By October 11, 2017

History of the Internet: Part 5 – The First Browser War

Welcome to Part Five of our journey through time, learning how the Internet has evolved and studying the effect it has had on our lives.

We concluded Part Three in 1995 with Netscape dominating the new industry, and Part Four reviewed Bill Gates’ book The Road Ahead, which set out his vision for the online world.

At the beginning of 1996, Netscape was the frontrunner on the browser market, valued at over $4 billion, and their Navigator software was being used by a majority of web users.

By April 1996, Netscape's share of the market had peaked at 87 percent. Microsoft’s market share was only four percent, but rising.

Java, a Microsoft Killer?

A deal between Netscape and Sun Microsystems meant Java applets could run inside web pages. A big innovation that Java brought was the Java Virtual Machine (JVM).

With earlier programming languages, the programmer needed to rewrite and recompile for each separate platform. With the JVM, even if computers used different operating systems, the software could run on all of them. The Java language set up a virtual machine that only required minimal support from the user’s operating system.

Microsoft’s Bill Gates saw both the benefits and the serious threat that this technology brought. Developers now had a compelling alternative to using Windows APIs for building their applications. Why write an application that only runs on Windows when you can write one that works with all operating systems?

While most of the excitement at the time surrounded Java, developers using Navigator 2.0 had the alternative option of creating simple interactive features using a new language that had been recently renamed “JavaScript.”

JavaScript is Not Like Java

Java and JavaScript are often confused by people who are new to software development due to their similar names. Technically, JavaScript has little to do with Java, but the similarity in their names is by no means a coincidence.

Sun Microsystems did not want Netscape’s language “LiveScript” to be perceived as a competitor — or a threat — to their very popular new language, Java. Netscape suggested LiveScript be renamed JavaScript, and the two companies agreed on a trademark license which gave the impression that the two languages are much more similar than they actually are.

For a summary of the differences between Java and JavaScript, see or the Mozilla Developer Network.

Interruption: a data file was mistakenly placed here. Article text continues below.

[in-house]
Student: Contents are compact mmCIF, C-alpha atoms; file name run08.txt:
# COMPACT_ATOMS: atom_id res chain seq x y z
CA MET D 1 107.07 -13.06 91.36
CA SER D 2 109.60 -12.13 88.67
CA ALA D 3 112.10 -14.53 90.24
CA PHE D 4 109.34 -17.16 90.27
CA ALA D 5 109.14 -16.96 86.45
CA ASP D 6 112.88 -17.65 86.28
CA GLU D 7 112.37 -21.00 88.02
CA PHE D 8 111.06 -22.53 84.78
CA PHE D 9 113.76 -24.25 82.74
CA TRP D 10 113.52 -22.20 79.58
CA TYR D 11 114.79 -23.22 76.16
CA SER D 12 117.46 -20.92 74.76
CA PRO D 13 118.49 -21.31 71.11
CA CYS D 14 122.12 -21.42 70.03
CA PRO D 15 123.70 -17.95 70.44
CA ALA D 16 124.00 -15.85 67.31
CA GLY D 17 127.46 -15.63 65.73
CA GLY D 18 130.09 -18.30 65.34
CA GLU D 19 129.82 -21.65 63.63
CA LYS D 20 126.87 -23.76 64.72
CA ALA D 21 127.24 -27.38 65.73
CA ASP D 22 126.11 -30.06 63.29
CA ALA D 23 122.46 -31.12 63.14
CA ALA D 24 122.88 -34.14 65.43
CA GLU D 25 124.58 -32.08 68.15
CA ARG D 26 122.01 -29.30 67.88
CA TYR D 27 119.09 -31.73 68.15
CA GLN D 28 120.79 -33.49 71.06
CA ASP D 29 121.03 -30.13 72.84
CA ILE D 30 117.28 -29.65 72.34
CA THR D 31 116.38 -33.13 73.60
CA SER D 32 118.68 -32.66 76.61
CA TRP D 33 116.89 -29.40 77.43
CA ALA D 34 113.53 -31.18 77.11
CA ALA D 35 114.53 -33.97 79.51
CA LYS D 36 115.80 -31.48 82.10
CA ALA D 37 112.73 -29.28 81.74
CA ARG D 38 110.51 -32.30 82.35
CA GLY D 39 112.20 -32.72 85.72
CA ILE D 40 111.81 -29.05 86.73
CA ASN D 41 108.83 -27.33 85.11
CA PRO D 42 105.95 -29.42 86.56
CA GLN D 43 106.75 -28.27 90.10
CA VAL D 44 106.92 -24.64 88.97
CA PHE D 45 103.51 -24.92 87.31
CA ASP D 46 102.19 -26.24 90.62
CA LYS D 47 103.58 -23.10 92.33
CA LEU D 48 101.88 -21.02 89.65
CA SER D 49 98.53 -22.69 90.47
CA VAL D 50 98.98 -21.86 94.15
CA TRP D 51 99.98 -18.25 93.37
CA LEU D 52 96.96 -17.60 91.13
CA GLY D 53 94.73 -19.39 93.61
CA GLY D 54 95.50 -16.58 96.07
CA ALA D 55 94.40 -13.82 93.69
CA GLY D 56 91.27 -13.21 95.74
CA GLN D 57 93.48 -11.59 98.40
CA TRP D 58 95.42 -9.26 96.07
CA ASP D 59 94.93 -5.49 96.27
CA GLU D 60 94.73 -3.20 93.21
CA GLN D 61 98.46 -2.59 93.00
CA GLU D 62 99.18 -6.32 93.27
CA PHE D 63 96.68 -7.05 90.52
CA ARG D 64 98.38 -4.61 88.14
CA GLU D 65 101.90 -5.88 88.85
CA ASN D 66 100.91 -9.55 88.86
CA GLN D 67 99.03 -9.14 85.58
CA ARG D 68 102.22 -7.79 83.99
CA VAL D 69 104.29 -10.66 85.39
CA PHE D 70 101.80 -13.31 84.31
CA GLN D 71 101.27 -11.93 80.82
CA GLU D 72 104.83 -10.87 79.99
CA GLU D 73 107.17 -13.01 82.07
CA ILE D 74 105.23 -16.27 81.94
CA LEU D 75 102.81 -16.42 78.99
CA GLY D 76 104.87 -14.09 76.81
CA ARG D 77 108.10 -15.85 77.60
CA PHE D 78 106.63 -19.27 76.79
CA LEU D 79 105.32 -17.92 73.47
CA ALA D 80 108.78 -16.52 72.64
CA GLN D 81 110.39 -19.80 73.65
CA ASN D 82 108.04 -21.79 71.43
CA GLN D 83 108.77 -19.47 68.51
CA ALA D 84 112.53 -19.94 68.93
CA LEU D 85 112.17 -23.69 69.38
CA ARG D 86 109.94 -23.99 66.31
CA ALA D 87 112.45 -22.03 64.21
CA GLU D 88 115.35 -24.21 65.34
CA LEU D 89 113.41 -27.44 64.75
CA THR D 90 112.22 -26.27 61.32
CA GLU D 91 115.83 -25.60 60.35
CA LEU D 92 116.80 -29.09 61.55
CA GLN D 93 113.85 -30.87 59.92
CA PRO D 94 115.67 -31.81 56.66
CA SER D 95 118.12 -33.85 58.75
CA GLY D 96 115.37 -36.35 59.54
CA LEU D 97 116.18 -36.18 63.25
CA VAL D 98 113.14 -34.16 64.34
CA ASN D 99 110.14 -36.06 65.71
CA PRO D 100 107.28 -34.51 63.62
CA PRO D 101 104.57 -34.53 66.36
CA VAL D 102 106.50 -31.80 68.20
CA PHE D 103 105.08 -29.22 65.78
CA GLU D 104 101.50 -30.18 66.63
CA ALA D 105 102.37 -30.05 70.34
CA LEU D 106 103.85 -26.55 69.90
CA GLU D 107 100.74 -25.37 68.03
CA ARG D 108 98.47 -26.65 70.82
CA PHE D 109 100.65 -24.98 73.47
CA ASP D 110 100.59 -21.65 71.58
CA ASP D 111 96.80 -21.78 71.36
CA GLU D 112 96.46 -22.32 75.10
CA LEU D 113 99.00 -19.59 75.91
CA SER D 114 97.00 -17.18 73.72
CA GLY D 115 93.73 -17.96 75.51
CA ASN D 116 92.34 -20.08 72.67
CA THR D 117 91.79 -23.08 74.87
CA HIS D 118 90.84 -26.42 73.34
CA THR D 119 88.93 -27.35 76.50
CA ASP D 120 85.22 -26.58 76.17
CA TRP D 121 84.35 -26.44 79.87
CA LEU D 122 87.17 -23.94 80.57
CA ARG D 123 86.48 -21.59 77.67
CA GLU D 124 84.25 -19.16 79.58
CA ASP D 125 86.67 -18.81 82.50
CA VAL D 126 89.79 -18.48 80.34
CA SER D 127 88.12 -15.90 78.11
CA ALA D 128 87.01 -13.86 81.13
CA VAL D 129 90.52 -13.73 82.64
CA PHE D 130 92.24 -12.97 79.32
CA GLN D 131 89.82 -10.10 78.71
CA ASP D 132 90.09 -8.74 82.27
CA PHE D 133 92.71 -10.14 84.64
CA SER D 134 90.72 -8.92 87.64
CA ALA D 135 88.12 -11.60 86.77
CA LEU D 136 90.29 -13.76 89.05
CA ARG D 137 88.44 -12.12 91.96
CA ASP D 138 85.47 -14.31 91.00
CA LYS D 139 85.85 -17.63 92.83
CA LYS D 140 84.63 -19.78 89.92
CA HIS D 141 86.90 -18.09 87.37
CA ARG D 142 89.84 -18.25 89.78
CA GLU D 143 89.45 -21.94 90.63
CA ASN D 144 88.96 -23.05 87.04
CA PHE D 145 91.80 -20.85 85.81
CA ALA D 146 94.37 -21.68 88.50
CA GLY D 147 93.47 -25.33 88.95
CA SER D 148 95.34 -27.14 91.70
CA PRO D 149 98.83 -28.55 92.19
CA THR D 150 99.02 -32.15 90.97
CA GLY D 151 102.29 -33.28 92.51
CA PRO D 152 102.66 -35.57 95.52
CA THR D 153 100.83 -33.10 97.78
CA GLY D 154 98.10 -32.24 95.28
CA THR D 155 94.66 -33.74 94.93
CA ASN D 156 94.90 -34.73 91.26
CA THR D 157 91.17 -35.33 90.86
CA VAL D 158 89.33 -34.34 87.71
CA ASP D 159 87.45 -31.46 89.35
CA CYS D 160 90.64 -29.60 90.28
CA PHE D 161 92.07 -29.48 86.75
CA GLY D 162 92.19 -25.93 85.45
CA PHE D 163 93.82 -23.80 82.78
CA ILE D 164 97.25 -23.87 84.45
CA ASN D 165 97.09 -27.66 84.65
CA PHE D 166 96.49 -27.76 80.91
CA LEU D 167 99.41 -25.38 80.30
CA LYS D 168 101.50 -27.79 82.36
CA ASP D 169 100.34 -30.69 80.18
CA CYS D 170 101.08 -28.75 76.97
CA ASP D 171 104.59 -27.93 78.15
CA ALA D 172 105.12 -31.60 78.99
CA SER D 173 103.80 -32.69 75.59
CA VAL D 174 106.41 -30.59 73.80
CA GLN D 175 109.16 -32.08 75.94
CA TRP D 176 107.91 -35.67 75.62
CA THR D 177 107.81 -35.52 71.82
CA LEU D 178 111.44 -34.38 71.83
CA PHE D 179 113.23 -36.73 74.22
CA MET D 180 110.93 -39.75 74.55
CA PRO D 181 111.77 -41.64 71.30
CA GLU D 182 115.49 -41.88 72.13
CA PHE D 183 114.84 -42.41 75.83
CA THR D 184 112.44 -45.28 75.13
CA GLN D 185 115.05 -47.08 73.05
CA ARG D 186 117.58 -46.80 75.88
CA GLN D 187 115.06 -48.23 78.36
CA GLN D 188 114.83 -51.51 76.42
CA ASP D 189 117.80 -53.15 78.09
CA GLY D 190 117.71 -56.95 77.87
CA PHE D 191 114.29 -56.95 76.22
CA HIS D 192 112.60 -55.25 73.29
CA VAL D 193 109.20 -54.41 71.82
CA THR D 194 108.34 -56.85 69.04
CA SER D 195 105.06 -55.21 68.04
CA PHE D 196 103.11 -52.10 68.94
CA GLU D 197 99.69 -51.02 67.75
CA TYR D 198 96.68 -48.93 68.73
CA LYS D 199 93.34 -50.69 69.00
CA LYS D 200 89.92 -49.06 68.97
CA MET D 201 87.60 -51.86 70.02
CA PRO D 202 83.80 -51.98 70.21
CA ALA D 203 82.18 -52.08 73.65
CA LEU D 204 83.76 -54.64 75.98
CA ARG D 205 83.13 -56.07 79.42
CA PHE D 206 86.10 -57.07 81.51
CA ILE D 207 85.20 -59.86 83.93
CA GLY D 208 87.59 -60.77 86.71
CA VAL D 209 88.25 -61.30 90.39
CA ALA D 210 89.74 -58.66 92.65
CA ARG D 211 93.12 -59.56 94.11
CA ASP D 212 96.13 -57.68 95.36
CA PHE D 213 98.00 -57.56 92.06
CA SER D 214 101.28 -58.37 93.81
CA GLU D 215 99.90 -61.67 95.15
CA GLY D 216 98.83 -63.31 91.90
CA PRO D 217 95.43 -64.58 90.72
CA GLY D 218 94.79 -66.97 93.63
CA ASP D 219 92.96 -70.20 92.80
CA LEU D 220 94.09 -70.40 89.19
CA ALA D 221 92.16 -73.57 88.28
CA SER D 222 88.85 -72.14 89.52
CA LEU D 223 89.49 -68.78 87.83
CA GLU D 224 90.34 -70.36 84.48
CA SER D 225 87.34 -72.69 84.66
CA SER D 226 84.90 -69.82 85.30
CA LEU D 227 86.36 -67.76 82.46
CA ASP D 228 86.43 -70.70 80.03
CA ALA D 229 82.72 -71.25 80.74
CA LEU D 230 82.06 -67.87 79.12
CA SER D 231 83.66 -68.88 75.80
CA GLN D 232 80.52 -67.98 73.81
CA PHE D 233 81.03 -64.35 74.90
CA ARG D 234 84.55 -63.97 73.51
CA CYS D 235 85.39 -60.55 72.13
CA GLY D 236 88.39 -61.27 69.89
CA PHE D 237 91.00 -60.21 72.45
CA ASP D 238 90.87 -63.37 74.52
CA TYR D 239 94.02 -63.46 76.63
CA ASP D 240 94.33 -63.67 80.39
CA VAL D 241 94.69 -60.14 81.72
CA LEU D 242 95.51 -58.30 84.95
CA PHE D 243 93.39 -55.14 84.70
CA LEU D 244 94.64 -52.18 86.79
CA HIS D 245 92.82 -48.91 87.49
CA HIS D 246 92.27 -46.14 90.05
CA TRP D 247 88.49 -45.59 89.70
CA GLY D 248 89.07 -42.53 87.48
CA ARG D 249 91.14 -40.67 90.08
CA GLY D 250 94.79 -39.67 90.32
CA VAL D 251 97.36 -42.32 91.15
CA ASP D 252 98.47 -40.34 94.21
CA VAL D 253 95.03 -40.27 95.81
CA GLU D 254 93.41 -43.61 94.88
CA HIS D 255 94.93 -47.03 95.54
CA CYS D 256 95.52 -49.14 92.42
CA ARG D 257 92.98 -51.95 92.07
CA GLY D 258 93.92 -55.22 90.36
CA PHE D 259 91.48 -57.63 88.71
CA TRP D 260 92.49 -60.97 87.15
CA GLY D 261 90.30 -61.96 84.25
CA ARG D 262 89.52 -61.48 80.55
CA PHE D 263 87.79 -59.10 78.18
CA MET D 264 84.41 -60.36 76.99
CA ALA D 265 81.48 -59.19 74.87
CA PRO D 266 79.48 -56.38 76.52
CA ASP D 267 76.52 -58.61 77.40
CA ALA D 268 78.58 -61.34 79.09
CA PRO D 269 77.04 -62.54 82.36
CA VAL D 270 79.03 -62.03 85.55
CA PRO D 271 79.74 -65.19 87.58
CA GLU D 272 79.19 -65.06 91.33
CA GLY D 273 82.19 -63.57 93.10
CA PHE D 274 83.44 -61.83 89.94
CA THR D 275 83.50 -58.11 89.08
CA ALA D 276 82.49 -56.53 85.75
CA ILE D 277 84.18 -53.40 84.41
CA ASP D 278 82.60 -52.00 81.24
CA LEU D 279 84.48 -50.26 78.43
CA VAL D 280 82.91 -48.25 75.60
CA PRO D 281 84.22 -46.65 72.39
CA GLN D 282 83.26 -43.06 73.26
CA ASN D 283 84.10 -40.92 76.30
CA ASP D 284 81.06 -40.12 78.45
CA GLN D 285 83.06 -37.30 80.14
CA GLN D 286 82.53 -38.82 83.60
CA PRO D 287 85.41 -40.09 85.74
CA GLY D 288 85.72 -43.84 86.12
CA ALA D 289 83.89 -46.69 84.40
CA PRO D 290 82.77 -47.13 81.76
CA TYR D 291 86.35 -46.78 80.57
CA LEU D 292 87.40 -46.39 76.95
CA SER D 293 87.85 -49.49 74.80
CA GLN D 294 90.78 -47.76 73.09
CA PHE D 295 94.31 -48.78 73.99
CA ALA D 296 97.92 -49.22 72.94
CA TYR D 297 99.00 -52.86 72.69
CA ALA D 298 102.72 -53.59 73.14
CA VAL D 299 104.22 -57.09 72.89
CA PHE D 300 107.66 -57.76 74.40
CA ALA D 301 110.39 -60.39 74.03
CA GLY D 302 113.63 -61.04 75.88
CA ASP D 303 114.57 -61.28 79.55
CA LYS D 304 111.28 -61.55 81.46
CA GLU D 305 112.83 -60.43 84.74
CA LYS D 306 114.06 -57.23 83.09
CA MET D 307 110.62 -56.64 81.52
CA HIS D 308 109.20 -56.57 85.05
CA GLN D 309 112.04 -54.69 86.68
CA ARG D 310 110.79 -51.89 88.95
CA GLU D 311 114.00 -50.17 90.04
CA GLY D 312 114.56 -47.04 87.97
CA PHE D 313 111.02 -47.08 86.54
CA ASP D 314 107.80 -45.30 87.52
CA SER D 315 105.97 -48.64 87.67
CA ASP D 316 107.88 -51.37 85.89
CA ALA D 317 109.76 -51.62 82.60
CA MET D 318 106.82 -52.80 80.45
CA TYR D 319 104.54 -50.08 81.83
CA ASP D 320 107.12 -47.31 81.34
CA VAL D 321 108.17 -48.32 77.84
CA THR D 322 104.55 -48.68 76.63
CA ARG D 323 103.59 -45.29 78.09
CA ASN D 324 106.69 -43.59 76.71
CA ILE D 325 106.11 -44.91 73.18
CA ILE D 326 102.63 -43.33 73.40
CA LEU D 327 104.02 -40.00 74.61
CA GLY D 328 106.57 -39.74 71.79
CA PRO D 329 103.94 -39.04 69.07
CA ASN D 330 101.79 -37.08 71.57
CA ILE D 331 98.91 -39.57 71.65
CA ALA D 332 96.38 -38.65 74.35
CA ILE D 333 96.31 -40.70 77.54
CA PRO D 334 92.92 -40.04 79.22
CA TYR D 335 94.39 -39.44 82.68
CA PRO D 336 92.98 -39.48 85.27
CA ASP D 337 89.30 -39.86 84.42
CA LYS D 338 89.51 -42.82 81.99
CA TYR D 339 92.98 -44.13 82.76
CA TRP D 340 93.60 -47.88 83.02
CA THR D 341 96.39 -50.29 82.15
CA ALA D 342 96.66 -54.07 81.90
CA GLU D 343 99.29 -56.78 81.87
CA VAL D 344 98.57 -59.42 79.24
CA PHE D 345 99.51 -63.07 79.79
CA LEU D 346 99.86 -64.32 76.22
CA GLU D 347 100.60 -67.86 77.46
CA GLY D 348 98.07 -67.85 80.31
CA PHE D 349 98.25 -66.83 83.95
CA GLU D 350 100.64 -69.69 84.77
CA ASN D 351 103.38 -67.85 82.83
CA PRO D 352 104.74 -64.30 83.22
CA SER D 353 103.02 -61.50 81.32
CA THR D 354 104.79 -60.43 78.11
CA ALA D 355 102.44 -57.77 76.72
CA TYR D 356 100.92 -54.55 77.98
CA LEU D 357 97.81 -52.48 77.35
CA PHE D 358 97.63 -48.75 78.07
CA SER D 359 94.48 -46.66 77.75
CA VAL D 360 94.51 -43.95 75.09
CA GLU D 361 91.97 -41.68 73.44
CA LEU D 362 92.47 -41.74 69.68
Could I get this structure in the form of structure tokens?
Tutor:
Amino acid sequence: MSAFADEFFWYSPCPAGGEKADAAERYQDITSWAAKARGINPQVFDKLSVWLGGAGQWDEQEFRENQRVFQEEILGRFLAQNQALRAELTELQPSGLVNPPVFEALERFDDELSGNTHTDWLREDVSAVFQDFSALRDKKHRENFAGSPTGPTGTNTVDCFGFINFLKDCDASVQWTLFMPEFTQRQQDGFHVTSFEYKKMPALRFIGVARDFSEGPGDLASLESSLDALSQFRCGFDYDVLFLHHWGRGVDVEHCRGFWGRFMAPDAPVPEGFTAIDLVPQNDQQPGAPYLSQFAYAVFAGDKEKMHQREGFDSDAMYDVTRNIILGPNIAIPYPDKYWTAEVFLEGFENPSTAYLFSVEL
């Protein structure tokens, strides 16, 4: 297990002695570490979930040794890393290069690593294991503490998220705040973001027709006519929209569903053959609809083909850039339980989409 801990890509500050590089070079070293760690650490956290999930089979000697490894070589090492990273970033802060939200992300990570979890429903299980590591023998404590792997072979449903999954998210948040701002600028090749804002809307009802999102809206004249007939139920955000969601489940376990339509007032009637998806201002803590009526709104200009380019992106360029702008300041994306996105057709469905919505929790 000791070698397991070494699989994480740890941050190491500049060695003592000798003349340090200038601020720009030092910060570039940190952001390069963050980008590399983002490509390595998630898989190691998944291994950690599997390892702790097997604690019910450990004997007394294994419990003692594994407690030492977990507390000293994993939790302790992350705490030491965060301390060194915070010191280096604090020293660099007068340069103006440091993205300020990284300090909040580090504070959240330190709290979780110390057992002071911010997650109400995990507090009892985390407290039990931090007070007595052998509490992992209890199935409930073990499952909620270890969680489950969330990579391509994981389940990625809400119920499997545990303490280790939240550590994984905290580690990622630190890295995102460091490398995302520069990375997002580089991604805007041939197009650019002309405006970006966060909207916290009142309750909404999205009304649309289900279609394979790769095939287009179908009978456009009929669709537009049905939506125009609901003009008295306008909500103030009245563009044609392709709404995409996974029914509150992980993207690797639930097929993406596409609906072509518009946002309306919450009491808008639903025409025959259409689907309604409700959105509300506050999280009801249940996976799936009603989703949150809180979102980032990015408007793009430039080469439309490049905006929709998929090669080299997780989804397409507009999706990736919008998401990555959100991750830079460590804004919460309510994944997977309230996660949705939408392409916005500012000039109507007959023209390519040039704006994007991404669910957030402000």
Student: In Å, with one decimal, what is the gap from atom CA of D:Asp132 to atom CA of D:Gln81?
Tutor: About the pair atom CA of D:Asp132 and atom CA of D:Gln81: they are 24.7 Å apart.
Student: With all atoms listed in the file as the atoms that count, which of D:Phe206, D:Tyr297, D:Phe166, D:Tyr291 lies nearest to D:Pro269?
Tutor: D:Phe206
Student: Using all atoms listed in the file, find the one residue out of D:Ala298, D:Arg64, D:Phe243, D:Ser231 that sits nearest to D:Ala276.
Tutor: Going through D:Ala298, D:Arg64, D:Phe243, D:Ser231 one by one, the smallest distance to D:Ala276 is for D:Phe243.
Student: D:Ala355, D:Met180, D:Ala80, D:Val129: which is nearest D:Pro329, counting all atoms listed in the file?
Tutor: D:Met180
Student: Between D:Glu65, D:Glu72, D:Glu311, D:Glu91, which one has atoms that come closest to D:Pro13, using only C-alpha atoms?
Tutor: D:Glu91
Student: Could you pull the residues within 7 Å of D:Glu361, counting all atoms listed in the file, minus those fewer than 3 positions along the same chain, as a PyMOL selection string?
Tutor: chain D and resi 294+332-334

While the Java and JavaScript languages were gaining most of the attention, another lesser-known language was being developed that would revolutionize the look and feel of web pages.

Cascading Style Sheets

In Part Two, we learned how Tim Berners-Lee created HTTP and HTML and founded the World Wide Web Consortium (W3C) to support efforts to evolve the World Wide Web.

To help keep pace with a fast-moving industry, the consortium decided to stop just short of issuing standards and instead made formal recommendations. In practice, however, the recommendations that they made are today generally viewed as web standards.

One of the problems of early web pages was how to present the information written in HTML.

In 1994, a W3C employee, Norwegian Håkon Wium Lie, proposed a new type of style sheet for the web that he called “Cascading HTML style sheets.”

Cascading Style Sheets (CSS) is a language used for describing the presentation of a document written in a markup language.

In August 1996, Netscape proposed an alternative stylesheet language called JavaScript Style Sheets, which used JavaScript code as a stylesheet. This proposal was never accepted as a formal standard, because CSS was preferred by most W3C members.

By the end of 1996, the CSS project was completed and became an official W3C recommendation.


The other recommendation to come out of the W3C in 1996 was HTTP 1.0.

The original version of HyperText Transfer Protocol (HTTP) was written by Tim Berners-Lee in 1991. The key to its widespread adoption was its simplicity. Client machines could issue a GET command to request a document, and servers would then respond with a message in HyperText Markup Language (HTML).